Metformin Enhances Autophagy and Normalizes Mitochondrial Function to Alleviate Aging-Associated Inflammation

Leena P. Bharath, Madhur Agrawal, Grace McCambridge, Dequina A. Nicholas, Hatice Hasturk, Jing Liu, Kai Jiang, Rui Liu, Zhenheng Guo, Jude Deeney, Caroline M. Apovian, Jennifer Snyder-Cappione, Gregory S. Hawk, Rebecca M. Fleeman, Riley M.F. Pihl, Katherine Thompson, Anna C. Belkina, Licong Cui, Elizabeth A. Proctor, Philip A. KernBarbara S. Nikolajczyk

Research output: Contribution to journalArticlepeer-review

36 Scopus citations

Abstract

Age is a non-modifiable risk factor for the inflammation that underlies age-associated diseases; thus, anti-inflammaging drugs hold promise for increasing health span. Cytokine profiling and bioinformatic analyses showed that Th17 cytokine production differentiates CD4+ T cells from lean, normoglycemic older and younger subjects, and mimics a diabetes-associated Th17 profile. T cells from older compared to younger subjects also had defects in autophagy and mitochondrial bioenergetics that associate with redox imbalance. Metformin ameliorated the Th17 inflammaging profile by increasing autophagy and improving mitochondrial bioenergetics. By contrast, autophagy-targeting siRNA disrupted redox balance in T cells from young subjects and activated the Th17 profile by activating the Th17 master regulator, STAT3, which in turn bound IL-17A and F promoters. Mitophagy-targeting siRNA failed to activate the Th17 profile. We conclude that metformin improves autophagy and mitochondrial function largely in parallel to ameliorate a newly defined inflammaging profile that echoes inflammation in diabetes.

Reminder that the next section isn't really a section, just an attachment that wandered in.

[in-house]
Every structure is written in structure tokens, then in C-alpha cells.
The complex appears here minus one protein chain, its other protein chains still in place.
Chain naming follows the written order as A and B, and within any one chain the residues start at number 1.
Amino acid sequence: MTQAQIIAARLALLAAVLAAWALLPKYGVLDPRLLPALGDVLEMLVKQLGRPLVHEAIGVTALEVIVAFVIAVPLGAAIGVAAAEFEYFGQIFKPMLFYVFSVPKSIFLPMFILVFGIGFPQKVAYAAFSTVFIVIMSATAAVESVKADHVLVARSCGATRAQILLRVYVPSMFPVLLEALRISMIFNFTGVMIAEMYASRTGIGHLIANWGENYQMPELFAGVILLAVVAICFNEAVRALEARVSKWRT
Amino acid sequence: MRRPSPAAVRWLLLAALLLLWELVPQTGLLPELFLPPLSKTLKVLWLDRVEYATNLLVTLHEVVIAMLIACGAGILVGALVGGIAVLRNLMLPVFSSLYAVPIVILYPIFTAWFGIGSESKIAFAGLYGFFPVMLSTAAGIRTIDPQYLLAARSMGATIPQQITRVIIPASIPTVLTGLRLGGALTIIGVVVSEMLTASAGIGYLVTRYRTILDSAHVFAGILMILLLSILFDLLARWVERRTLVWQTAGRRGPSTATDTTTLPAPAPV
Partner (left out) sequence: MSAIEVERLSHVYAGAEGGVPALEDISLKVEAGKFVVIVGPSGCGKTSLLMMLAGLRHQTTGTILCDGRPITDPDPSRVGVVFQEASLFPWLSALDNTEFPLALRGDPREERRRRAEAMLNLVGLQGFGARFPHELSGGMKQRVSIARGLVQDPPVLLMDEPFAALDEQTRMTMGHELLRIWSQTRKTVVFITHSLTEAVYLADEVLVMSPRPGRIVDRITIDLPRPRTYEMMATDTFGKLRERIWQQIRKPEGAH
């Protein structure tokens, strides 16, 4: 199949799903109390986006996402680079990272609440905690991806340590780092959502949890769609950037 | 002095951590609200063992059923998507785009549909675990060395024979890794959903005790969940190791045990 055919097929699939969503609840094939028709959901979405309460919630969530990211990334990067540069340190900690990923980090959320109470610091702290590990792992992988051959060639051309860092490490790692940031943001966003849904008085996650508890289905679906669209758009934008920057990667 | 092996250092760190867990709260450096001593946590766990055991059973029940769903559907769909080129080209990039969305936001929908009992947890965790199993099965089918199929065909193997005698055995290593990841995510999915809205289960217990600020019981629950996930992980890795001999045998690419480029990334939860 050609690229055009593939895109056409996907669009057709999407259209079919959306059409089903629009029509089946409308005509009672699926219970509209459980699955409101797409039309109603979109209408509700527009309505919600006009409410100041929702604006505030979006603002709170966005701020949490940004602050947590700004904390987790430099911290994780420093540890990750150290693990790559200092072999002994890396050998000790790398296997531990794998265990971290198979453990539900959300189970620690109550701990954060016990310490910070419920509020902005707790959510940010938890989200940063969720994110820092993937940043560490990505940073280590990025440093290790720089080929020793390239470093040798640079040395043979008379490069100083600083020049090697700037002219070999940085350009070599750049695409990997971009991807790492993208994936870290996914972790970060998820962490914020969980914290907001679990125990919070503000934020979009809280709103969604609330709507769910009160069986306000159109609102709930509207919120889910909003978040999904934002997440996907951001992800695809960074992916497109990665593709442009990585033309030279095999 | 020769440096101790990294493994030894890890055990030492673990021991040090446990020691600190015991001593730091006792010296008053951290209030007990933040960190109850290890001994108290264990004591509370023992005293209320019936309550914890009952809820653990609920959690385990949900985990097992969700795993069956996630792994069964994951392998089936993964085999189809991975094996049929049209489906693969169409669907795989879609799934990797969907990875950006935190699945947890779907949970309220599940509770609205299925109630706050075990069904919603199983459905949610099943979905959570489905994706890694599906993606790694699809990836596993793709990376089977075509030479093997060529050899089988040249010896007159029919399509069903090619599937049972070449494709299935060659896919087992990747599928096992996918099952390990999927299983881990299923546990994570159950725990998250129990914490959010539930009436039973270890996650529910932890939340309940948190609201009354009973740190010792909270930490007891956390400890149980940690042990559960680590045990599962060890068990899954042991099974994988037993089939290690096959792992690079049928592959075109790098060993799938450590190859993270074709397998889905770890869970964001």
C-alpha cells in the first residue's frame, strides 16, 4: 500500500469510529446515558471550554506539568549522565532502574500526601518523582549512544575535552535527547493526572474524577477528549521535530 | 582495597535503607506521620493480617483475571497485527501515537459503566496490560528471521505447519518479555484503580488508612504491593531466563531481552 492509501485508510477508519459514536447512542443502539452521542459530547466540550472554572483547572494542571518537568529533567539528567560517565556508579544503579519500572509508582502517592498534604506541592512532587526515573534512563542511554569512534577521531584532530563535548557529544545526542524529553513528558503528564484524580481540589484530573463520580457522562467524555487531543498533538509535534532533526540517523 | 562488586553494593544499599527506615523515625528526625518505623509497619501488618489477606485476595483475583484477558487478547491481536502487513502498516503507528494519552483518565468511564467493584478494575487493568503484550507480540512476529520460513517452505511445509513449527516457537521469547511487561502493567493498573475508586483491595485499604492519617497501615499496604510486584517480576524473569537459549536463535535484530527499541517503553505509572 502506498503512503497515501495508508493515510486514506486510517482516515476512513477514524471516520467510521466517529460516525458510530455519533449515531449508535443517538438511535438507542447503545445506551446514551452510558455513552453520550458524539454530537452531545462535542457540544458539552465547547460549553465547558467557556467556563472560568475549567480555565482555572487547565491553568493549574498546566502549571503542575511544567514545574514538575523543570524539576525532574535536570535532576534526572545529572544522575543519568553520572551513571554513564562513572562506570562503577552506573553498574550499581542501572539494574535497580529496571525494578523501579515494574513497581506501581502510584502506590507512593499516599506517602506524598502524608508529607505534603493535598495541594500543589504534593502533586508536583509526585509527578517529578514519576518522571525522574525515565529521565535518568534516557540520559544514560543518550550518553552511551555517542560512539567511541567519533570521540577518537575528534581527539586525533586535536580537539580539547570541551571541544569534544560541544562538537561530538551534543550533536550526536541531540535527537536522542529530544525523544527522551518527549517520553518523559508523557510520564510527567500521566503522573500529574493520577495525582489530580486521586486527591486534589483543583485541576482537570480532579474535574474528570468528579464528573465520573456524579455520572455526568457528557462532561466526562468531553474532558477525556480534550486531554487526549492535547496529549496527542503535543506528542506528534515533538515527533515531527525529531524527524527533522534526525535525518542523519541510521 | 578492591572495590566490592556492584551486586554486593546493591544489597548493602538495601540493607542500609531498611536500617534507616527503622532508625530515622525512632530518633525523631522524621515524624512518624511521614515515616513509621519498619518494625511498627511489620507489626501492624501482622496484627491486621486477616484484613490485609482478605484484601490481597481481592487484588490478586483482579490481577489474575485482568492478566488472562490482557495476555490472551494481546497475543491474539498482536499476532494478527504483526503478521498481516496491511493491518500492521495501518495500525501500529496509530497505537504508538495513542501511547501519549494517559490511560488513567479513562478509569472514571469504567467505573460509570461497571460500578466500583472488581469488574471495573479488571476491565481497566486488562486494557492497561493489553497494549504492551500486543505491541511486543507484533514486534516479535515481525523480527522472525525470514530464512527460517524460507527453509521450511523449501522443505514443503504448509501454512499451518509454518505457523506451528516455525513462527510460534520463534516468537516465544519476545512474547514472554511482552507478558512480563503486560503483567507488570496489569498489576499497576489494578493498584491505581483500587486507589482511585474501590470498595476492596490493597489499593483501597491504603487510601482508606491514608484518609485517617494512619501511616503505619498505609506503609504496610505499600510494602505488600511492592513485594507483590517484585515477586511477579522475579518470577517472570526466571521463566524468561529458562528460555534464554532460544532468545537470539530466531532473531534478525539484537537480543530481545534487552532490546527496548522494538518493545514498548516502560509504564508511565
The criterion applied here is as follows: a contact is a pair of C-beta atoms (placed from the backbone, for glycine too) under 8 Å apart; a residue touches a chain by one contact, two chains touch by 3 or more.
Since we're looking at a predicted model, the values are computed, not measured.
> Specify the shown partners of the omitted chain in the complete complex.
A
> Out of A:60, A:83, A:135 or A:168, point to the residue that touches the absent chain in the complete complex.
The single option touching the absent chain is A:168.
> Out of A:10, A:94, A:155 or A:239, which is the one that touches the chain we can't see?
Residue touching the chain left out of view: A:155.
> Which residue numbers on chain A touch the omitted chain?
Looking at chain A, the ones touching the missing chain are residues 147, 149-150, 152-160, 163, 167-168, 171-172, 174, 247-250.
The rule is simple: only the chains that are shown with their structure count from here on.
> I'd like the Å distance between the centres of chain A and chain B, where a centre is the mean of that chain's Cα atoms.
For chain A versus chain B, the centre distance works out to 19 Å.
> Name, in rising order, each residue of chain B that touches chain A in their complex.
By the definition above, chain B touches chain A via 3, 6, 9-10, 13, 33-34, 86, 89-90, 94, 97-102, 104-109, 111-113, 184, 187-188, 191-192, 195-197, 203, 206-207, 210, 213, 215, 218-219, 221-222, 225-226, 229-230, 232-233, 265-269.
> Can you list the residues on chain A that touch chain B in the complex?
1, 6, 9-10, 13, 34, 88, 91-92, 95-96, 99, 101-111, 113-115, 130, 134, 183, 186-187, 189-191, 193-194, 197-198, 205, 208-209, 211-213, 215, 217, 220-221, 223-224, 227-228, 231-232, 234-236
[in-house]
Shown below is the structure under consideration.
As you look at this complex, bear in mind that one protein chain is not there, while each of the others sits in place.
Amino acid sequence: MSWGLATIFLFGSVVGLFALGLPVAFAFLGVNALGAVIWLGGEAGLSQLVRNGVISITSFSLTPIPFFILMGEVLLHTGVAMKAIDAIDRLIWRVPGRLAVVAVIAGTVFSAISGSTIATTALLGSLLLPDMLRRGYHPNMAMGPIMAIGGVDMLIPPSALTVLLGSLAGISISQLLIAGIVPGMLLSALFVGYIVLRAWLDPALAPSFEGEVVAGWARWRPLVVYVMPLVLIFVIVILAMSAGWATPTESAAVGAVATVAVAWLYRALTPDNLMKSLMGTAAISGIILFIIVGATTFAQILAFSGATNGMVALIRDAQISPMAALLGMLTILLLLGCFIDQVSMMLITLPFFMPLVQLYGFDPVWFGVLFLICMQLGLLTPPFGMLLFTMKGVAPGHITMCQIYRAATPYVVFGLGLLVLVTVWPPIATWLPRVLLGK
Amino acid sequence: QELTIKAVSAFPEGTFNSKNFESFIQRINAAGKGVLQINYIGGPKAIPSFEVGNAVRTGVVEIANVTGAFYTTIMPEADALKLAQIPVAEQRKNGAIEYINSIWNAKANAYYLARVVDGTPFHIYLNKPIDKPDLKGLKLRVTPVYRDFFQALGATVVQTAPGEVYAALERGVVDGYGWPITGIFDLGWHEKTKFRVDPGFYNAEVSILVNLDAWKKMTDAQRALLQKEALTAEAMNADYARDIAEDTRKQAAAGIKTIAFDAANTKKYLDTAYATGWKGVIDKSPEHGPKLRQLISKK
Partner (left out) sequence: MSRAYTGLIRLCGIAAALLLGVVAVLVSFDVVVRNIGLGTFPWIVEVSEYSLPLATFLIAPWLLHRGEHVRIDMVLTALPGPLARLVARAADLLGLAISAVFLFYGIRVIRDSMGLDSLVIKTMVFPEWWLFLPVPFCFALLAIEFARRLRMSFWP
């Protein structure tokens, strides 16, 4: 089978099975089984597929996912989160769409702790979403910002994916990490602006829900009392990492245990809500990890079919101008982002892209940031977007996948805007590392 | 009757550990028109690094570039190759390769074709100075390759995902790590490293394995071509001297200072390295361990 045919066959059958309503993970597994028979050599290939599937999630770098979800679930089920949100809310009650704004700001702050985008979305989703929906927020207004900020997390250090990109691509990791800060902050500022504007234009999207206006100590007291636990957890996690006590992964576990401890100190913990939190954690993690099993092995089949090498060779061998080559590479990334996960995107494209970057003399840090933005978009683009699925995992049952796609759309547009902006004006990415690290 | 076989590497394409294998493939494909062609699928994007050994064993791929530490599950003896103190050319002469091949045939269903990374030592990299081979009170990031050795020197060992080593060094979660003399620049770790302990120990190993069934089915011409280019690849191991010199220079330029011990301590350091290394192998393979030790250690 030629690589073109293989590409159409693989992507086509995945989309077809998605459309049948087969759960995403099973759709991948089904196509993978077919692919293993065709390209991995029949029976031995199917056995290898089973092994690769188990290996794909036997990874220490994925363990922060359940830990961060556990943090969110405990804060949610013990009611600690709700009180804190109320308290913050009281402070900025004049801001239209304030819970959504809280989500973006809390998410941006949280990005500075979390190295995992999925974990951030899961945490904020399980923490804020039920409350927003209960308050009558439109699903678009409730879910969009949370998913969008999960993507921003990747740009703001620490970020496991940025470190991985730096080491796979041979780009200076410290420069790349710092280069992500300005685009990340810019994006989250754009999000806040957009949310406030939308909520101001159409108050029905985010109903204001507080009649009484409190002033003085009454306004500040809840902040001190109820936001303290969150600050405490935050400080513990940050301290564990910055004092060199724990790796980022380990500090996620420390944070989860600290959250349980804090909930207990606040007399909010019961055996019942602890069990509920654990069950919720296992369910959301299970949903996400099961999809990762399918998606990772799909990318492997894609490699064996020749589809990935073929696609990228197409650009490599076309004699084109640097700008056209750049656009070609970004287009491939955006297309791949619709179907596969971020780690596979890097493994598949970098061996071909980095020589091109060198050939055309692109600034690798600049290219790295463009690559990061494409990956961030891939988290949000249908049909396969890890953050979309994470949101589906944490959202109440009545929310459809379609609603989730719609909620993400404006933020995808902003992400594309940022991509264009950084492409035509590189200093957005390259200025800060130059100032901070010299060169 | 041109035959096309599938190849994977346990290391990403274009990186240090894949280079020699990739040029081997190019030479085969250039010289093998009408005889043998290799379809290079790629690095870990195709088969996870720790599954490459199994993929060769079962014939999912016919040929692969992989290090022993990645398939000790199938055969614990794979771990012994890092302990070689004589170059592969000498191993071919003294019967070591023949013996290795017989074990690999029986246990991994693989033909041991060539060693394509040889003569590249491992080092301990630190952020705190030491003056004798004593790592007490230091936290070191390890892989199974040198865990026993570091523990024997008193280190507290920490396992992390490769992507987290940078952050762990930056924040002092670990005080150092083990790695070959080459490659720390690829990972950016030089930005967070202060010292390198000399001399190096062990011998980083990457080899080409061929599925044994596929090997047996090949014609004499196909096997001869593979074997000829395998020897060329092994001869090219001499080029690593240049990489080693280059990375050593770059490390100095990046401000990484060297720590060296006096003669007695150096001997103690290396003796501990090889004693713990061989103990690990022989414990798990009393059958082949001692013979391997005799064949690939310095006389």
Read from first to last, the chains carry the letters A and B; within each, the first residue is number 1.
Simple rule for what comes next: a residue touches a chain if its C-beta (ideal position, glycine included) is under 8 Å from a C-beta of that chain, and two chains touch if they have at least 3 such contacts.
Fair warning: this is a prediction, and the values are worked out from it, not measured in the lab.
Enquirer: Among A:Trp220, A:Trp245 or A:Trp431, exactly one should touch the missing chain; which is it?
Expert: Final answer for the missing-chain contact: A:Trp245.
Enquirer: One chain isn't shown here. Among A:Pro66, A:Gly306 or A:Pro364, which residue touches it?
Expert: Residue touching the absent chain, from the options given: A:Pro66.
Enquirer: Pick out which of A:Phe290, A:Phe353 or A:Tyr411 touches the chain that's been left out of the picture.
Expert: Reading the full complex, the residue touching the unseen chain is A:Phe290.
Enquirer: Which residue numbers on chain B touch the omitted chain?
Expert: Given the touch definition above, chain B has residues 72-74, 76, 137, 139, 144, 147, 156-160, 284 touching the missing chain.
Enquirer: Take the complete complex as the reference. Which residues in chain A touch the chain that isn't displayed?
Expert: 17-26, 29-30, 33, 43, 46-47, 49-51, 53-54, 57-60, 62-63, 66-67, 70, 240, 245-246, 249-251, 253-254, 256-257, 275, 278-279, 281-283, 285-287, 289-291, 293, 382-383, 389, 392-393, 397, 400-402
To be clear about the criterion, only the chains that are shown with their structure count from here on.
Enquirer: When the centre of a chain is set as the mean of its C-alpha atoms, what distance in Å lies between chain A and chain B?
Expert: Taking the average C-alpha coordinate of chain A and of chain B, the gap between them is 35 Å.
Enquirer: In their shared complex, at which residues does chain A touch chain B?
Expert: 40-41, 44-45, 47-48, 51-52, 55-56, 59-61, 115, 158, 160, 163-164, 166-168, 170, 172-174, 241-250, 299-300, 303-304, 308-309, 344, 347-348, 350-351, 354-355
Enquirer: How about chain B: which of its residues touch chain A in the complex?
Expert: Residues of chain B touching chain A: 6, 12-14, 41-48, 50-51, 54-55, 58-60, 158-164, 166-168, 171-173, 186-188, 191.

Original languageEnglish (US)
Pages (from-to)44-55.e6
JournalCell Metabolism
Volume32
Issue number1
DOIs
StatePublished - Jul 7 2020

All Science Journal Classification (ASJC) codes

  • Physiology
  • Molecular Biology
  • Cell Biology

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